The new Ford GT unveiled at the Detroit motor show is set to enter production next year to celebrate the 50th anniversary of Ford’s famous 1-2-3 finish at the 1966 24 Hours of Le Mans, a race that starred New Zealand’s ‘Three Musketeers’ – Bruce McLaren, Chris Amon and Denny Hulme.
The new Ford supercar (above) takes its cue from the GT40 race car that filled the first three places in 1966, the first all-American car to win the French classic. The first two cars across the line raced for the Shelby-American team, managed by Carroll Shelby, a motorsport household name. The third car was another American team.
At the wheel of the winning GT40 were McLaren and Amon in car No. 2. Ford chairman and CEO Henry Ford II joined them on the podium. Hulme and Englishman Ken Miles piloted the second-placed car, No. 1, and Americans Ron Bucknum and Dick Hutcherson the third, No.5. Of the six drivers that day, Amon is the only survivor.
The GT concept picks up where the last one left off around a decade ago. It takes its cues from the GT40 of the 1960s but in a more modern form. The original had a naturally aspirated 7.0-litre V8 engine and the GT of 10 years ago used a supercharged 5.4-litre V8.
The latest GT runs a mid-mounted 3.5-litre twin-turbocharged Ecoboost V6 that generates “more than 600 horsepower” to the rear wheels, says Ford. That’s around 450kW, considerably more output than the 1966 GT40. “I can’t remember how much horsepower we had at Le Mans,” said Amon from his home near Taupo. “It was probably around 400.”
Ford is keeping the GT’s power and performance figures to itself until nearer the launch next year, although it admits the engine – derived from its Daytona Prototype unit and mated to a seven-speed dual-clutch transmission – is its most powerful production EcoBoost ever.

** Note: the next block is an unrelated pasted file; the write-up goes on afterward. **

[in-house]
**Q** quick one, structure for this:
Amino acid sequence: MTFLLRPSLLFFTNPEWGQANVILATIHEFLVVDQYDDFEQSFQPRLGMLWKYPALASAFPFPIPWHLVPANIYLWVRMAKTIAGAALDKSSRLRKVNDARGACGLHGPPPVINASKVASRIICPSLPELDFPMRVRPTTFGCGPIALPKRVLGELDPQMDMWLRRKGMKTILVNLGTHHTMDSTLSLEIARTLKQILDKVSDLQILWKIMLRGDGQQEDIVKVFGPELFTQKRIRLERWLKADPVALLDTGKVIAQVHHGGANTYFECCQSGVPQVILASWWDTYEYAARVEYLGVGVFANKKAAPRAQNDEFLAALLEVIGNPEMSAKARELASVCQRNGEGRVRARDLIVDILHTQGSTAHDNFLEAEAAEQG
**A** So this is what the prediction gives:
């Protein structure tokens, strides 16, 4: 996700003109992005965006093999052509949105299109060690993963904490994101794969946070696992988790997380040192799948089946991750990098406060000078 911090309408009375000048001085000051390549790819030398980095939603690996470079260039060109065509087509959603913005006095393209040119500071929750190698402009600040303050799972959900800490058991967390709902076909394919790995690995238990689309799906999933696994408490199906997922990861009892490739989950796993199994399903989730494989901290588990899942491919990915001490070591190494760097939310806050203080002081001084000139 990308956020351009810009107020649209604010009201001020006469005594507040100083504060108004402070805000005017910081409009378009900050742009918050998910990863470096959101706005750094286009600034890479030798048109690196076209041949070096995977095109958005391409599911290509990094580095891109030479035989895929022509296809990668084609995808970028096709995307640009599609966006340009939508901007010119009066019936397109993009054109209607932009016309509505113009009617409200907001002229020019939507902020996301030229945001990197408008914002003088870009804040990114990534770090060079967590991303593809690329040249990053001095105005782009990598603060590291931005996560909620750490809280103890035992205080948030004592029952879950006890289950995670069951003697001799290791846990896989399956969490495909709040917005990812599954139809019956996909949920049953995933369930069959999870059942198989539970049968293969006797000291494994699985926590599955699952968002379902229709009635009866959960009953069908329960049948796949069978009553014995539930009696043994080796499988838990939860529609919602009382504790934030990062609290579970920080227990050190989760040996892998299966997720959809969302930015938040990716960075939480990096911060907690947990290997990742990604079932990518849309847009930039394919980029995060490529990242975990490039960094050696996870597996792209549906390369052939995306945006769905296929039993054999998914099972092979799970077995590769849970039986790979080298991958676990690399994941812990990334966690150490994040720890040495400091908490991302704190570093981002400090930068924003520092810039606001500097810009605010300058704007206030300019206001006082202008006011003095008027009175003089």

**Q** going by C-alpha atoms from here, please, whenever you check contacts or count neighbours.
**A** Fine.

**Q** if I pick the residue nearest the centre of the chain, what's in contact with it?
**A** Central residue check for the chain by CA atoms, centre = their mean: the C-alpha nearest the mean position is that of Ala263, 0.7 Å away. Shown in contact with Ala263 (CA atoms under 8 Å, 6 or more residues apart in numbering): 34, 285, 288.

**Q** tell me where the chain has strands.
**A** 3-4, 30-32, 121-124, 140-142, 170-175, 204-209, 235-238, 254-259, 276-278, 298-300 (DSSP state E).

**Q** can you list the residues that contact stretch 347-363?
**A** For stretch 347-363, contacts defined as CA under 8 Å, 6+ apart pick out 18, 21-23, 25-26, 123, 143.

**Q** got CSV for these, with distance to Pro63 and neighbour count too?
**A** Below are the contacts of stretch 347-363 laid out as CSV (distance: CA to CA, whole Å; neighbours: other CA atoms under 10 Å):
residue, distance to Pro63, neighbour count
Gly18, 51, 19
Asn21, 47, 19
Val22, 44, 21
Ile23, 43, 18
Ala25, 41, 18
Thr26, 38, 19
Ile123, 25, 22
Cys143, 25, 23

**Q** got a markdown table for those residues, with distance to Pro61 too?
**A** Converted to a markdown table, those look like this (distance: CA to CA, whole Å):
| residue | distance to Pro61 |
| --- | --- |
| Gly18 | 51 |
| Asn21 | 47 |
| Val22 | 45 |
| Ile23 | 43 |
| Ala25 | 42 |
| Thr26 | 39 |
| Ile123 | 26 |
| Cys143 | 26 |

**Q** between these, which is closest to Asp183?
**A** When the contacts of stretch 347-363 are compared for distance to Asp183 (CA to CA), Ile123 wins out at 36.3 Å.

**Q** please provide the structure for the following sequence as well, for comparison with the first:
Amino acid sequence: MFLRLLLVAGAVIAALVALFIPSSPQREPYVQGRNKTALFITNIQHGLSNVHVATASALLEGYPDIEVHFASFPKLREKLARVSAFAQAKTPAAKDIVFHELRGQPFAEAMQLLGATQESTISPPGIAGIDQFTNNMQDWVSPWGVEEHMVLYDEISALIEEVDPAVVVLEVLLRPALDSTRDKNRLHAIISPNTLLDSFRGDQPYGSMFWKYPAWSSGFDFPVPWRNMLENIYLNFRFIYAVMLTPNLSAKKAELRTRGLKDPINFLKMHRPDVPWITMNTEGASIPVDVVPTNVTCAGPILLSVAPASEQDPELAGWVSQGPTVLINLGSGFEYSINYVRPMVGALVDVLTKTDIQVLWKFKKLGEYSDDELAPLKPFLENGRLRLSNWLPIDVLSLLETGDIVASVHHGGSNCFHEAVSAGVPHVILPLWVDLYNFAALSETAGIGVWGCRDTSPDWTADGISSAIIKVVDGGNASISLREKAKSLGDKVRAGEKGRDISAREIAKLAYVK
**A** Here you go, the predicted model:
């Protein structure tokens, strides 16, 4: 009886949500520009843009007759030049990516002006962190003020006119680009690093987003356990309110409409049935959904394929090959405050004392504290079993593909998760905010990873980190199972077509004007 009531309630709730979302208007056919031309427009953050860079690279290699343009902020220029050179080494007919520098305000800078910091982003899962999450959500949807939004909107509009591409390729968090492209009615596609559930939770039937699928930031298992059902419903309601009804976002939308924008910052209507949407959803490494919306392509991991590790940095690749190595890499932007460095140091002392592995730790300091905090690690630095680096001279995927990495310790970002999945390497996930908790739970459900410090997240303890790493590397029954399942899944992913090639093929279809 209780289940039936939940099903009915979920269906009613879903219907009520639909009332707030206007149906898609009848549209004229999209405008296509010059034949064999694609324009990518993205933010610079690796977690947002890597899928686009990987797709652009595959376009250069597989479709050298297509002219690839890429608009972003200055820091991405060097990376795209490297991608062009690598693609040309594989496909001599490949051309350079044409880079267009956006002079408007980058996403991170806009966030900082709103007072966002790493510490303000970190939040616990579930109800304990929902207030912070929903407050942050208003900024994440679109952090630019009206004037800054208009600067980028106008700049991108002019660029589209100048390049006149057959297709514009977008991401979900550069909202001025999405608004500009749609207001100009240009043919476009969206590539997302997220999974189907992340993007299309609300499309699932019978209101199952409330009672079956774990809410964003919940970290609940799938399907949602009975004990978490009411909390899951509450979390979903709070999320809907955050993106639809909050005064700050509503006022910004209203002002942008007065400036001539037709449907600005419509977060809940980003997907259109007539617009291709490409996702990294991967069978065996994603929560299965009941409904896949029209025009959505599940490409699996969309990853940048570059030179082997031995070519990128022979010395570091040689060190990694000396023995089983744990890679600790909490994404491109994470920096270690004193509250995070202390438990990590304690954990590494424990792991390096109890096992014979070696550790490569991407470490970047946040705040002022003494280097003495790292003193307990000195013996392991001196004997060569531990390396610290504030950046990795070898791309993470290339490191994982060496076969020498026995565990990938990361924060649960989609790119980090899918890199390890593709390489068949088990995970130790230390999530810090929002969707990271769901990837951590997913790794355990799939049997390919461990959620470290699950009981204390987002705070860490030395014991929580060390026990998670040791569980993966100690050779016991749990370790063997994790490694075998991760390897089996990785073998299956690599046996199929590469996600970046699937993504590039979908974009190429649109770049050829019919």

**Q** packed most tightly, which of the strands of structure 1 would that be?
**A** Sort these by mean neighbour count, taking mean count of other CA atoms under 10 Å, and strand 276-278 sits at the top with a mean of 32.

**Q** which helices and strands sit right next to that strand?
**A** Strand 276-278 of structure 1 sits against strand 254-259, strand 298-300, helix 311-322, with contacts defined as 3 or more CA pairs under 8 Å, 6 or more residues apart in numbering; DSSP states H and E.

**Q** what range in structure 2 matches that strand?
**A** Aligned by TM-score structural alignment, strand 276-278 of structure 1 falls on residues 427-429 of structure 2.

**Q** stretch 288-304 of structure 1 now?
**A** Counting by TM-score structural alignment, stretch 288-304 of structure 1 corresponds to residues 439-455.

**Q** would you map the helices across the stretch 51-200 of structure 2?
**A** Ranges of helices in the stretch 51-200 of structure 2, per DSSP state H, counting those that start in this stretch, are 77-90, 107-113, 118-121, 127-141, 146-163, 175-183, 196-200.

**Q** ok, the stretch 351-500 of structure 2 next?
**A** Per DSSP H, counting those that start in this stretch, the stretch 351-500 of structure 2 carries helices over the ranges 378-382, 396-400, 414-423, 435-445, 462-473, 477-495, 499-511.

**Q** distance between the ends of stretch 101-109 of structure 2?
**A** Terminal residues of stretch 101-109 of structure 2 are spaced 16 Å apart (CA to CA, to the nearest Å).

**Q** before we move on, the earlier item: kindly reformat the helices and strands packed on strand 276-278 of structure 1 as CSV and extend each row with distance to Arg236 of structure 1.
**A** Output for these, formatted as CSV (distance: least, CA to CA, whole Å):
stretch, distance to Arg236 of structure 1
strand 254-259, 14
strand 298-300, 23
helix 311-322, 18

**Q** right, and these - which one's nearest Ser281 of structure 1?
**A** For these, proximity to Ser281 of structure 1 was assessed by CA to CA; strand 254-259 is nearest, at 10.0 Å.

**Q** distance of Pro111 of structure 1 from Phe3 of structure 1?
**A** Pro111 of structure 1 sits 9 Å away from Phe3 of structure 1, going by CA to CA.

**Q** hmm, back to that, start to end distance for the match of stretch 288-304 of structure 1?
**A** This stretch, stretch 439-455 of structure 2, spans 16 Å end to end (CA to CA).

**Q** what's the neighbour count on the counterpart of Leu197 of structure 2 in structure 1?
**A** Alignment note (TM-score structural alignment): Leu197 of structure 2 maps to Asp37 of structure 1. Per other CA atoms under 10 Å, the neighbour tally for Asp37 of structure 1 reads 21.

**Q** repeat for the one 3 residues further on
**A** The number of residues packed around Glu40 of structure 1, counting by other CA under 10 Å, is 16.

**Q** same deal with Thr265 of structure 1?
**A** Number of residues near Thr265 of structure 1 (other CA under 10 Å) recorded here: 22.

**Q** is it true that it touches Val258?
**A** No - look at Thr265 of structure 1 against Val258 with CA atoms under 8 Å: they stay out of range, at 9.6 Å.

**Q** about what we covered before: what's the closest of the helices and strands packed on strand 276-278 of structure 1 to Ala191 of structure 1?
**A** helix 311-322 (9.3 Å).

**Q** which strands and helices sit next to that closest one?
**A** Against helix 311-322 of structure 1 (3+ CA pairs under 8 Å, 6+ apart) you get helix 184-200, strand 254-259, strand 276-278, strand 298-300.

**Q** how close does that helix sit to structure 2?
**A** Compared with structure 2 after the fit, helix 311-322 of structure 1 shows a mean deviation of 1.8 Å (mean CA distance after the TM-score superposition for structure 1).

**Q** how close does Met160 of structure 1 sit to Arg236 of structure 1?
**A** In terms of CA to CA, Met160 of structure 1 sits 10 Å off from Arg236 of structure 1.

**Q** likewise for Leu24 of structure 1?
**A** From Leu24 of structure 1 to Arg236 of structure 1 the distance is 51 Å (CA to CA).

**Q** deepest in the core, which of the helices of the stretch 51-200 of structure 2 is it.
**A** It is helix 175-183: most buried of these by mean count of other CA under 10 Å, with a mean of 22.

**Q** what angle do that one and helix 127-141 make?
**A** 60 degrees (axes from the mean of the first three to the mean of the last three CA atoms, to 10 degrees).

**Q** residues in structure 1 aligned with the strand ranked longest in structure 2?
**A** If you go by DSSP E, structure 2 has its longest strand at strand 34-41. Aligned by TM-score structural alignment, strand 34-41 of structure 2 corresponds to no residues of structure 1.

“The EcoBoost V6 in the GT features a wide powerband with impressive time-to-torque characteristics,” says Ford. “The engine demonstrates remarkable efficiency – a key attribute of its endurance racing-derived powertrain, where exceptional performance combined with efficiency is a critical competitive advantage.”
Stopping the GT are carbon-ceramic brakes housed within 20-inch wheels wearing Michelin Pilot Super Sport Cup 2 rubber. There is plenty of carbon elsewhere – in the tub and other body panels. “Carbon fibre is one of the world’s strongest materials for its mass – enabling an ultra-stiff foundation for chassis components, while creating a lighter overall package for increased dynamic performance and efficiency,” says Ford.
Elsewhere the GT features aerodynamics which minimise drag and enhance downforce. Reinforcing those claims is a deployable rear spoiler with different height and pitch adjustment.
The interior features a large digital instrument cluster, deeply bolstered bucket seats and minimalist centre facia. There is no gearlever – the GT uses steering-wheel mounted controls similar to those found on Ferrari production cars.
Ford says the GT is one of 12 new performance vehicles due before 2020. But it won’t be available in NZ, because production is limited to left-hand-drive versions only.